Suppose you have invested in a stock which does not pay any dividends but you anticipate it to grow at a given rate. Now someone comes and tells you that a better alternative is a dividend growth stock whose dividend grows at a known rate and it will provide you the benefit of *double compounding*. How do you compare the two alternatives?

One way to do it is to compute the *effective growth rate* of the dividend growth stock over the time horizon of your investment. If the effective growth rate of the dividend growth stock is higher than the growth rate you anticipate for the non-dividend paying stock that you have, you should rush to accept the advice of your friend and buy the dividend stock.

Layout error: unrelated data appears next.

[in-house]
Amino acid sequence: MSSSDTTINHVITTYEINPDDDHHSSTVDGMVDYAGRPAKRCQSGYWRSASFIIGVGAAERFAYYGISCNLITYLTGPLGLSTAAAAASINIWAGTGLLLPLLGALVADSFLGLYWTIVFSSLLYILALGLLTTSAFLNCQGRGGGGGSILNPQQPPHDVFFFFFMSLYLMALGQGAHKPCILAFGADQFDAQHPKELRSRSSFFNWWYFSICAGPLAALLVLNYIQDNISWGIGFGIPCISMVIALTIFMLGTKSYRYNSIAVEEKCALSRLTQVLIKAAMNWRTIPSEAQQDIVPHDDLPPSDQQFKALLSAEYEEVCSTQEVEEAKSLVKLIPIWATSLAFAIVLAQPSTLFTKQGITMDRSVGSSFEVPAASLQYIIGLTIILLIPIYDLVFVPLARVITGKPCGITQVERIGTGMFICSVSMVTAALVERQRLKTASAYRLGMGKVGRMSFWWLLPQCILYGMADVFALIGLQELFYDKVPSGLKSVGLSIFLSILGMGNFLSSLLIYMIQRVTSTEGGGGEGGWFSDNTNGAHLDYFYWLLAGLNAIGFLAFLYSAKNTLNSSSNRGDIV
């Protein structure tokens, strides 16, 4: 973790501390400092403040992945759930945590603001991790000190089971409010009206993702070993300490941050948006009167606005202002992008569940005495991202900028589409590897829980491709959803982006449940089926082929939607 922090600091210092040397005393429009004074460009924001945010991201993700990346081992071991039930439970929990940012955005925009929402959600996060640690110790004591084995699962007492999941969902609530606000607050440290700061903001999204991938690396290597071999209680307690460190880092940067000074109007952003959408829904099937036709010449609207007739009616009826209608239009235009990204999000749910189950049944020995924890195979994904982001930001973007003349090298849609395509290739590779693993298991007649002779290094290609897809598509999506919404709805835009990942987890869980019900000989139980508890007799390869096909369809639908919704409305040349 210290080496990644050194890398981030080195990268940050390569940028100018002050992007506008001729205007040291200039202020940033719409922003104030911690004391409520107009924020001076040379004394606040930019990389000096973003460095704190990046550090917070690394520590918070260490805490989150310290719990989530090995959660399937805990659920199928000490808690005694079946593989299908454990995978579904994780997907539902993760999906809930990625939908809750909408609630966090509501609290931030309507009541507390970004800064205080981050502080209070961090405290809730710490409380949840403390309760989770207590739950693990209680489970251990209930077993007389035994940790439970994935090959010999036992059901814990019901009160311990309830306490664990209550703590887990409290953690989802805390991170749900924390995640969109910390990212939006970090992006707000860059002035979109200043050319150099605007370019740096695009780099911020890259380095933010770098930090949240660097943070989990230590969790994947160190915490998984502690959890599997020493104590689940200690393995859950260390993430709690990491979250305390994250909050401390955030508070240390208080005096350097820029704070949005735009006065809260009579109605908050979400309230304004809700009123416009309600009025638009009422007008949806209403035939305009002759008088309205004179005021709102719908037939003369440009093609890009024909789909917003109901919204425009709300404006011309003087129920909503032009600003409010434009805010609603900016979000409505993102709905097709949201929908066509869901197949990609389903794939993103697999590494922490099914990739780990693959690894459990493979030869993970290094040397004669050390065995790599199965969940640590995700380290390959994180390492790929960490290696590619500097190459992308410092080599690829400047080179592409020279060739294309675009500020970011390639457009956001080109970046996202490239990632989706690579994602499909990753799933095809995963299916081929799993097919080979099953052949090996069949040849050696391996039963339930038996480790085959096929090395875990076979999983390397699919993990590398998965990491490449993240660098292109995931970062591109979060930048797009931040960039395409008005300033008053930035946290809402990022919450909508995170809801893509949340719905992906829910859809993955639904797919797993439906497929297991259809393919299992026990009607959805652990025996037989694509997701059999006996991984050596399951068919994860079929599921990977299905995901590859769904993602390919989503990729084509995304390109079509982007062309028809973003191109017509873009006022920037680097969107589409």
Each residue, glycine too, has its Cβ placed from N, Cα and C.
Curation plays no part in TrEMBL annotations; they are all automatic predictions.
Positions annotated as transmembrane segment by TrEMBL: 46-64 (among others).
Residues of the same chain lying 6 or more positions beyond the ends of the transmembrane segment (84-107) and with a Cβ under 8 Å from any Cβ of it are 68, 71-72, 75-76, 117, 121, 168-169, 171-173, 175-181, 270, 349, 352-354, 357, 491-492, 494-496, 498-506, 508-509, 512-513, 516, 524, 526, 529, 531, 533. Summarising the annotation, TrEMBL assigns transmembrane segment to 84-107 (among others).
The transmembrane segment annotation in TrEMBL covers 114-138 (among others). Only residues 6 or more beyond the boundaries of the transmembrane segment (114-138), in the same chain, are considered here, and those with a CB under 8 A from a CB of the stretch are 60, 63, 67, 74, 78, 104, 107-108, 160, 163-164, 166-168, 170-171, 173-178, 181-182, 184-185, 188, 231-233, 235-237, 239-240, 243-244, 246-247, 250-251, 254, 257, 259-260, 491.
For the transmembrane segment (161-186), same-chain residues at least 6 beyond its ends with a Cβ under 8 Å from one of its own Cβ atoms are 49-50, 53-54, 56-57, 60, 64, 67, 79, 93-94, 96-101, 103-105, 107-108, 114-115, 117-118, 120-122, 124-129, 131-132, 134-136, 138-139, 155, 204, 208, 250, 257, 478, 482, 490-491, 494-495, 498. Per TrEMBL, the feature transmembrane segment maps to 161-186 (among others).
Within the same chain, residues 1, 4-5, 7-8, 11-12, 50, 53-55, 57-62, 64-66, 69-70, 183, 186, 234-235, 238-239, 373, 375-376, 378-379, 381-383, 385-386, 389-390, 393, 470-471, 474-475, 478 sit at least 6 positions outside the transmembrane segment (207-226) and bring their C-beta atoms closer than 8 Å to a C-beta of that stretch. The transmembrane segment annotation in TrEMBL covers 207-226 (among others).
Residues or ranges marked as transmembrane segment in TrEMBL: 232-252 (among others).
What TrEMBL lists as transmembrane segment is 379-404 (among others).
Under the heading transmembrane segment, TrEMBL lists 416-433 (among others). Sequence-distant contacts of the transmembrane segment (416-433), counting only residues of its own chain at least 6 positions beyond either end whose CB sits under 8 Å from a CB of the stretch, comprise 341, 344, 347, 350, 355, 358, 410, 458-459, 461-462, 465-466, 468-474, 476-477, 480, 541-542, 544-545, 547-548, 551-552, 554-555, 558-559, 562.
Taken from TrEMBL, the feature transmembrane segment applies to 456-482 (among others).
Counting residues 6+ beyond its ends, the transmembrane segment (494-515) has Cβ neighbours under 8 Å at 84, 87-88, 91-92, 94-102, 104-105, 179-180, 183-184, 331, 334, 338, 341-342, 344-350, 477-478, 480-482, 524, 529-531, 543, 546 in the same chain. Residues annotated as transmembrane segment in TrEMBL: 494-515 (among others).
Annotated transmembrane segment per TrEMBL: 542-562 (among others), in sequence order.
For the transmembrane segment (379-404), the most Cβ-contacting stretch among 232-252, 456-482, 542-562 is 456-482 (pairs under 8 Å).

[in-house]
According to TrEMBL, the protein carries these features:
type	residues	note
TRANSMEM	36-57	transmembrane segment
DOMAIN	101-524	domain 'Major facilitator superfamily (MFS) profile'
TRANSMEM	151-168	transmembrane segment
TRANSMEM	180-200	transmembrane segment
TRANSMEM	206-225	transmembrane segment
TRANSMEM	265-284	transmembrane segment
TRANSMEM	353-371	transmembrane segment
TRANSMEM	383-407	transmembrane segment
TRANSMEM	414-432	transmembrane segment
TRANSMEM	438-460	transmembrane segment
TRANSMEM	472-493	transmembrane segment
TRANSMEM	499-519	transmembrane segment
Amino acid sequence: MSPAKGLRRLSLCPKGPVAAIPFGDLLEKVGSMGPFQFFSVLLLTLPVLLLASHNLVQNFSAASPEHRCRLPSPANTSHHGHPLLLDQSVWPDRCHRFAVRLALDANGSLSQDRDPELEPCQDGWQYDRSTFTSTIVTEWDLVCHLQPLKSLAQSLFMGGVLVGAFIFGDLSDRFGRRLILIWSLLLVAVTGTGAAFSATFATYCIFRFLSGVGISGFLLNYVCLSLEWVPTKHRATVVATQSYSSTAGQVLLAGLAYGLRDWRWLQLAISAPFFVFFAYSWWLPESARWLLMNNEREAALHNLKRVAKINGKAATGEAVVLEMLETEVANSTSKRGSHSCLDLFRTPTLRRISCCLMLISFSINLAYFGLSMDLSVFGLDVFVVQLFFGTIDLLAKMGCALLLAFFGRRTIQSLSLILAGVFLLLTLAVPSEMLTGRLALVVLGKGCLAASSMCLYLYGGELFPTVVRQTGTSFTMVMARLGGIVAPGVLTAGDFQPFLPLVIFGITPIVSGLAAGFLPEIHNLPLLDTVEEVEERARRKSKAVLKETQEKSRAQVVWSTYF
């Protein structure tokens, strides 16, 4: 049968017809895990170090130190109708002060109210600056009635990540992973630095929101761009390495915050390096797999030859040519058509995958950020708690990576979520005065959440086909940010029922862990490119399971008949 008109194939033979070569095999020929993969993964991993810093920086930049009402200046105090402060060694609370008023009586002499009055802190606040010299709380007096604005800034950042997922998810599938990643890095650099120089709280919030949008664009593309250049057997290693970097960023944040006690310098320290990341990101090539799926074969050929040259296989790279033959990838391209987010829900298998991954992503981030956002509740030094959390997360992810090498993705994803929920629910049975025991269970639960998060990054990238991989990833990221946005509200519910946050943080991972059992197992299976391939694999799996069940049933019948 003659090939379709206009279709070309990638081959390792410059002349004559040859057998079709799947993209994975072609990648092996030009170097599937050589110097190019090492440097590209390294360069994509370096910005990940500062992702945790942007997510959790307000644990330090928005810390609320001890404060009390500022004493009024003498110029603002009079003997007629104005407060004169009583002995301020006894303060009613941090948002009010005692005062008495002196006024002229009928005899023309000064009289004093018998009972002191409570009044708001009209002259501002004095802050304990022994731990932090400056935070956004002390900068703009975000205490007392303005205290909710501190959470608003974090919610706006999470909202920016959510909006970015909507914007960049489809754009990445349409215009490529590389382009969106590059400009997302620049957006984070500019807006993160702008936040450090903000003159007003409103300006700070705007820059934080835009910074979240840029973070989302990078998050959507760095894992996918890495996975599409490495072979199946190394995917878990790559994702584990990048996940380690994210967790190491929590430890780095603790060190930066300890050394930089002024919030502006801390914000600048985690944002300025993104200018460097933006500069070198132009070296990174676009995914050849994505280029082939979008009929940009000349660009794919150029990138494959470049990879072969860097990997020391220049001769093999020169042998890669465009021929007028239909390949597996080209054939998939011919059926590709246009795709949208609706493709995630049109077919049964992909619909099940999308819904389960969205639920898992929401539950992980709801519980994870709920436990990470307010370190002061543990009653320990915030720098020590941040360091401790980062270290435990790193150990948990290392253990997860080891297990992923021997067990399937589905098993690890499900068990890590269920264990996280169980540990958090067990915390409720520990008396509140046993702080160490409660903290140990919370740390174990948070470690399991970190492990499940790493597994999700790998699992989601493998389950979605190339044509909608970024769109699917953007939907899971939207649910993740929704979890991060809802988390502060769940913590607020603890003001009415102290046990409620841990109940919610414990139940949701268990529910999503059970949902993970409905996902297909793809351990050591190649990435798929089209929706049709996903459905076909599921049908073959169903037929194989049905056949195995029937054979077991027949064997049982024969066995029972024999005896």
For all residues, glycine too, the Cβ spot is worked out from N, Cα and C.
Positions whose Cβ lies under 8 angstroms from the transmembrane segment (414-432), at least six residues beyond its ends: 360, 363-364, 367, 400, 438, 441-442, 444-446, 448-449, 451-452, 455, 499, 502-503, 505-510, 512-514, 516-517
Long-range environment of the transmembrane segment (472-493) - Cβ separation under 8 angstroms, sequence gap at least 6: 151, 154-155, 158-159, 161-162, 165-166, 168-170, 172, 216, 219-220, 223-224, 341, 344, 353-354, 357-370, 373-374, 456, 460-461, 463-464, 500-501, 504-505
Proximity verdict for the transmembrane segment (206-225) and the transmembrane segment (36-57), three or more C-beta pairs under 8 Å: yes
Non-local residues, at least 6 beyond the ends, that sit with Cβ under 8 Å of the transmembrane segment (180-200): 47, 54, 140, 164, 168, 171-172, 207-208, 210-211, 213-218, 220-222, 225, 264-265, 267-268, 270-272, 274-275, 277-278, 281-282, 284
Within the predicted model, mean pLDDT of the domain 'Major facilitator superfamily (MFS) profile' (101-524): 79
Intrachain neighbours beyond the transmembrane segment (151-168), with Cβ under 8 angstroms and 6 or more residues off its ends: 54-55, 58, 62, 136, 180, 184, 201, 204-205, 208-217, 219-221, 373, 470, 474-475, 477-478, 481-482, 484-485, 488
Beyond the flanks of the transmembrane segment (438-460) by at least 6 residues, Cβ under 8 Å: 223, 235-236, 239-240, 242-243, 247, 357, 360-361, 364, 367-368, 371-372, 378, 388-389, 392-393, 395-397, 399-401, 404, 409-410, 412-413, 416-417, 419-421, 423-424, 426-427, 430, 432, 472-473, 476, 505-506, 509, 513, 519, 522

Think of the effective growth rate as follows: you buy the stock, and set up your account such that all the dividends are used to buy the stock whenever the dividends are paid (assumed to be paid annually here). Now use the value of your holding at the end of the time horizon and the initial value to compute the growth rate assuming that you had put the money in a CD which compounds annually at a fixed rate. The growth rate thus computed is the effective growth rate, and it is what should be compared with the growth rate of the non-dividend paying stock.

The effective growth rate of a dividend growth stock depends on four parameters: (i) the growth rate of the price of the stock itself, (ii) the initial yield, (iii) growth rate of the dividend, and (iv) the time horizon of the investment.

The following plot assumes the time horizon to be thirty years, and shows the effective growth rate of a dividend growth stock as a function of the dividend growth rate. The solid lines are for the cases when there is no price appreciation, and the dashed lines for the case of 5% price appreciation.